Project members’ adventures in Ankara and the Anatolian Highlands
Jana Mokrisova and Catherine Scott
Recently, project members ventured to Central Anatolia as part of a trip organized by Koç University’s Research Center for Anatolian Civilizations. The first destination was Ankara, where we visited the Museum of Anatolian Civilizations and participated in a joint symposium with VEKAM (Vehbi Koç ve Ankara Araştırmaları Merkezi), the RCAC’s sister institution.
Jana Mokrisova gave a talk at the symposium that examined the appropriateness of some popular models that emphasize the presence of imports from Crete and Greece and locally produced imitations of them in western Anatolia during the Late Bronze Age as part of a conference organized by VEKAM.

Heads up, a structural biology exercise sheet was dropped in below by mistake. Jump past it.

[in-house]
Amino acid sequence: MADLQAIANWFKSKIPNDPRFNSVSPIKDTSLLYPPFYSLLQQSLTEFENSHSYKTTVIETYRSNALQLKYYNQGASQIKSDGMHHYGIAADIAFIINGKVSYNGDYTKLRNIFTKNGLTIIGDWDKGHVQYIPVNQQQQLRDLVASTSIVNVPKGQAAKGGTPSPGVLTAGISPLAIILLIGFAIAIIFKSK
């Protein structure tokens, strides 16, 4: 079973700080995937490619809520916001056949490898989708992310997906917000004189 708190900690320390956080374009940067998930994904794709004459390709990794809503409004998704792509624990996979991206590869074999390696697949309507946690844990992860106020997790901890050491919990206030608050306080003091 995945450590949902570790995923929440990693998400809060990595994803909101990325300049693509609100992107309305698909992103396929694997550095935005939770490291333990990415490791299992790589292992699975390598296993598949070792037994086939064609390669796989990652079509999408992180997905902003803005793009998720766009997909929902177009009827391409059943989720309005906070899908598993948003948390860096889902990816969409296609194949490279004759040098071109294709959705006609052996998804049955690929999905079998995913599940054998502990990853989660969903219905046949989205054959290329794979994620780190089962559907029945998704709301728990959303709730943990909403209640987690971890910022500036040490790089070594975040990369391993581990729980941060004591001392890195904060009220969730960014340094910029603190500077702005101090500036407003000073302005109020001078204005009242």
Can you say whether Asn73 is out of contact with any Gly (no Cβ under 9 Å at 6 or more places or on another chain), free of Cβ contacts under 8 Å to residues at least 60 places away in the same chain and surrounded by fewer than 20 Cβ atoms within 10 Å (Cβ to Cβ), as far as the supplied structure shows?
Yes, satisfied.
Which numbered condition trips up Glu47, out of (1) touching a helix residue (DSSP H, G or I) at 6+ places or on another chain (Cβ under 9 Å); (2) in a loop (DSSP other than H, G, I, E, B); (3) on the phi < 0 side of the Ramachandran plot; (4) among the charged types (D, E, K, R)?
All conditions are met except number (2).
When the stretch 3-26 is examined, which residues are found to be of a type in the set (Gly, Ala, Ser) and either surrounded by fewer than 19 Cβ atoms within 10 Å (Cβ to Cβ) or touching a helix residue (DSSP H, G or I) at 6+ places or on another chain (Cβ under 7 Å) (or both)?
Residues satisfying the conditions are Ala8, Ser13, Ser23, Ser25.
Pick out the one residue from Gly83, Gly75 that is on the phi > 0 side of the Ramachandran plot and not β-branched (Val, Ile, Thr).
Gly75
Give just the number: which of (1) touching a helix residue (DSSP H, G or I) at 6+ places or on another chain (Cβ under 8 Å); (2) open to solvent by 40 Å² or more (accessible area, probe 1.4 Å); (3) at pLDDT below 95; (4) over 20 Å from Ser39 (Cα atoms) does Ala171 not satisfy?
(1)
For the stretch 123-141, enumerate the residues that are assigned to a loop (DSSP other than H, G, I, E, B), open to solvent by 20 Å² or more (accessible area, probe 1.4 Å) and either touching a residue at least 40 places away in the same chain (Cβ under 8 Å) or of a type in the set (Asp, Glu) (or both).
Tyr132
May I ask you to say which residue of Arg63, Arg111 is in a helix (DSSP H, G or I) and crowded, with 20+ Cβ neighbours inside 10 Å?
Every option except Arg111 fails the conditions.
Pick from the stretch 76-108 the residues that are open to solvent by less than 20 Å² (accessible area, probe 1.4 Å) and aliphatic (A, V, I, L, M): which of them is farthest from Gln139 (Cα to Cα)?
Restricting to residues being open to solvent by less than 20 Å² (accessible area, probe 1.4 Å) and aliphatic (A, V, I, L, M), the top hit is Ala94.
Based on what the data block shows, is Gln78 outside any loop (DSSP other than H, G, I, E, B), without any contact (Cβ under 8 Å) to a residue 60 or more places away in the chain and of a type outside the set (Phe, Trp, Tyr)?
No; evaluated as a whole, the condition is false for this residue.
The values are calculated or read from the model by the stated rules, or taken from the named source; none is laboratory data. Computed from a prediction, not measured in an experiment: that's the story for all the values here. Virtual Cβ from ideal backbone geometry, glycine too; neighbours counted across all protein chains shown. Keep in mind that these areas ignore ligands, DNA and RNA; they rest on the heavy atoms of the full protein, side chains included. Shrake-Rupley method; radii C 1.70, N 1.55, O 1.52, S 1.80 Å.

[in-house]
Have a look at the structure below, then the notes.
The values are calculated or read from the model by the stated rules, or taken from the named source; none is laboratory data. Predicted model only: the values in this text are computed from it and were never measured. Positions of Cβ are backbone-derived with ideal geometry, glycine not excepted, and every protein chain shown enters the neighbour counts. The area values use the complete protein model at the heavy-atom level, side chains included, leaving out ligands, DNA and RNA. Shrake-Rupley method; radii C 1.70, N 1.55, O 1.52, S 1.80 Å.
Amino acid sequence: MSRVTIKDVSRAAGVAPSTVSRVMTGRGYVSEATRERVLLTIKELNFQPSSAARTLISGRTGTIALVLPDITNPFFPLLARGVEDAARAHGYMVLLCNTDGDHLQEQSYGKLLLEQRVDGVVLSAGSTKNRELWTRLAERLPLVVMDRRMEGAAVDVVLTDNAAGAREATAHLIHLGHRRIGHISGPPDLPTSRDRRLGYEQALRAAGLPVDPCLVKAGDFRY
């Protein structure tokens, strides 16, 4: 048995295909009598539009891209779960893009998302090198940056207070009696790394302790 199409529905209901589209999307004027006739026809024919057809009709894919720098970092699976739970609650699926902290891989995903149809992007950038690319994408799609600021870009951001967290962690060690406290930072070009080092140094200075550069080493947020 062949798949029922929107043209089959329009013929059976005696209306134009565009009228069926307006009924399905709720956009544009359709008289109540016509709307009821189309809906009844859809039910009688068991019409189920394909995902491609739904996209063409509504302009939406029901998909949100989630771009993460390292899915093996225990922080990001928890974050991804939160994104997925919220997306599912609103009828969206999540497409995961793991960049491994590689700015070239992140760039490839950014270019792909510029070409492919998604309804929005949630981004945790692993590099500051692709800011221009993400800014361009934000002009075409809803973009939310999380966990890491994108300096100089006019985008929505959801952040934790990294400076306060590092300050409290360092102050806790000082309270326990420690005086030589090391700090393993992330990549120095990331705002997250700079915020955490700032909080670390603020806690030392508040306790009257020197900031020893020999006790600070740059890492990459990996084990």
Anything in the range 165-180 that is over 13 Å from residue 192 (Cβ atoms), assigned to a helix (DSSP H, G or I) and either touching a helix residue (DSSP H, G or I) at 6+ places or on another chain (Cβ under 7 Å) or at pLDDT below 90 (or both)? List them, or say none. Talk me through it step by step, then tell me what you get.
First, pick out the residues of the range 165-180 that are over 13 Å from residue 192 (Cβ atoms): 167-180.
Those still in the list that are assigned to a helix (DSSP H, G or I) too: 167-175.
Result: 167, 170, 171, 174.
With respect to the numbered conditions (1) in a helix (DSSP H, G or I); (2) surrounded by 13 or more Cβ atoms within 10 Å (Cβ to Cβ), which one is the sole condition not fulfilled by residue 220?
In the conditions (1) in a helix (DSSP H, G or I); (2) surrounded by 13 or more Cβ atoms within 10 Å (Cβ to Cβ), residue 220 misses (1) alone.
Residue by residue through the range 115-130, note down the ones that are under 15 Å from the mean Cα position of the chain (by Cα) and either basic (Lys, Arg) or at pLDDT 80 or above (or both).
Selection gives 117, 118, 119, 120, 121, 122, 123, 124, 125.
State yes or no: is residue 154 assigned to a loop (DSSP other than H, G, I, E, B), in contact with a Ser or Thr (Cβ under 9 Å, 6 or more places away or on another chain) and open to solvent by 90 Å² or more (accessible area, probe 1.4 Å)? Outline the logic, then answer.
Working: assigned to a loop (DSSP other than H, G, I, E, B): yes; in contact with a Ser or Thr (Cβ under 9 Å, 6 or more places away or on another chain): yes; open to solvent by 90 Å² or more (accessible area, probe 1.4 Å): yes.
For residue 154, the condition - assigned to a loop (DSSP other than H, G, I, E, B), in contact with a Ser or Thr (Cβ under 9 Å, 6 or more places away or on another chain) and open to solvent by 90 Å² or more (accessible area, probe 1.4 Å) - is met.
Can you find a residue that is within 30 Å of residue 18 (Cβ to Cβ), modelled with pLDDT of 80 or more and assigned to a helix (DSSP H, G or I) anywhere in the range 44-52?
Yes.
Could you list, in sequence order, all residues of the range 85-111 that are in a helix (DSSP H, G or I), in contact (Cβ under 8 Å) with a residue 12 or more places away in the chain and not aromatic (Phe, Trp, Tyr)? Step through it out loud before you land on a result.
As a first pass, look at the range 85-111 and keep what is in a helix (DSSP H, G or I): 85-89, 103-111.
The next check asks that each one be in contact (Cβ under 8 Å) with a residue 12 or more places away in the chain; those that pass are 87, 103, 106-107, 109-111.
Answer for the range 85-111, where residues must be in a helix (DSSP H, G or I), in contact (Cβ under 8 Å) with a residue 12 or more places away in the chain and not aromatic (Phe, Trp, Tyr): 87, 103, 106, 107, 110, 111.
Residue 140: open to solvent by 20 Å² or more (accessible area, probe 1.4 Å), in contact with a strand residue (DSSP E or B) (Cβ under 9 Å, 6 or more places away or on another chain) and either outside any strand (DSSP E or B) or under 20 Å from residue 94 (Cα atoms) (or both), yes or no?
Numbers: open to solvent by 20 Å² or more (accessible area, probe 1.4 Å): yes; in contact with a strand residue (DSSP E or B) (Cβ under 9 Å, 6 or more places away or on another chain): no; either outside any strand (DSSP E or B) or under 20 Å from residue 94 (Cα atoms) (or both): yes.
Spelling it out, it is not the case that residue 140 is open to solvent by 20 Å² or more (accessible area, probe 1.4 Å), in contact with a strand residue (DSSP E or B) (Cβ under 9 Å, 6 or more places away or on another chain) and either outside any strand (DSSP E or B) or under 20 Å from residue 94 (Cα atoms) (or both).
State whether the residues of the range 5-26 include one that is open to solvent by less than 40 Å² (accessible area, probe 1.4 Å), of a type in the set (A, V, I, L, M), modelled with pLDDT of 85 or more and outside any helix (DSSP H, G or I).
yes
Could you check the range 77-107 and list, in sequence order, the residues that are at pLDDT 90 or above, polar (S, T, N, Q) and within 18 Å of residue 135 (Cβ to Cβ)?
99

Next, we traveled to Kerkenes Dağ, a large Iron Age (seventh century BCE) city constructed by the Phrygians. The history of this site is of particular interest to us working in Lydia, as Kerkenes was a multicultural city and its archaeology shows links with the Lydian kingdom. The city was inhabited for only about three generations, and it is thought by some to have been destroyed by the Lydian army; fortunately, this Lydian invasion was less damaging than the last!
Finally, we visited the Hittite capital at Hattuşa. This is yet another site of particular importance for our research, as the Hittites ruled at the same time as Kaymakçı was occupied, and the boundaries of their hegemony may have included Kaymakçı at certain times. We explored the fortifications, the reconstruction of the mudbrick wall, as well as the temple precincts.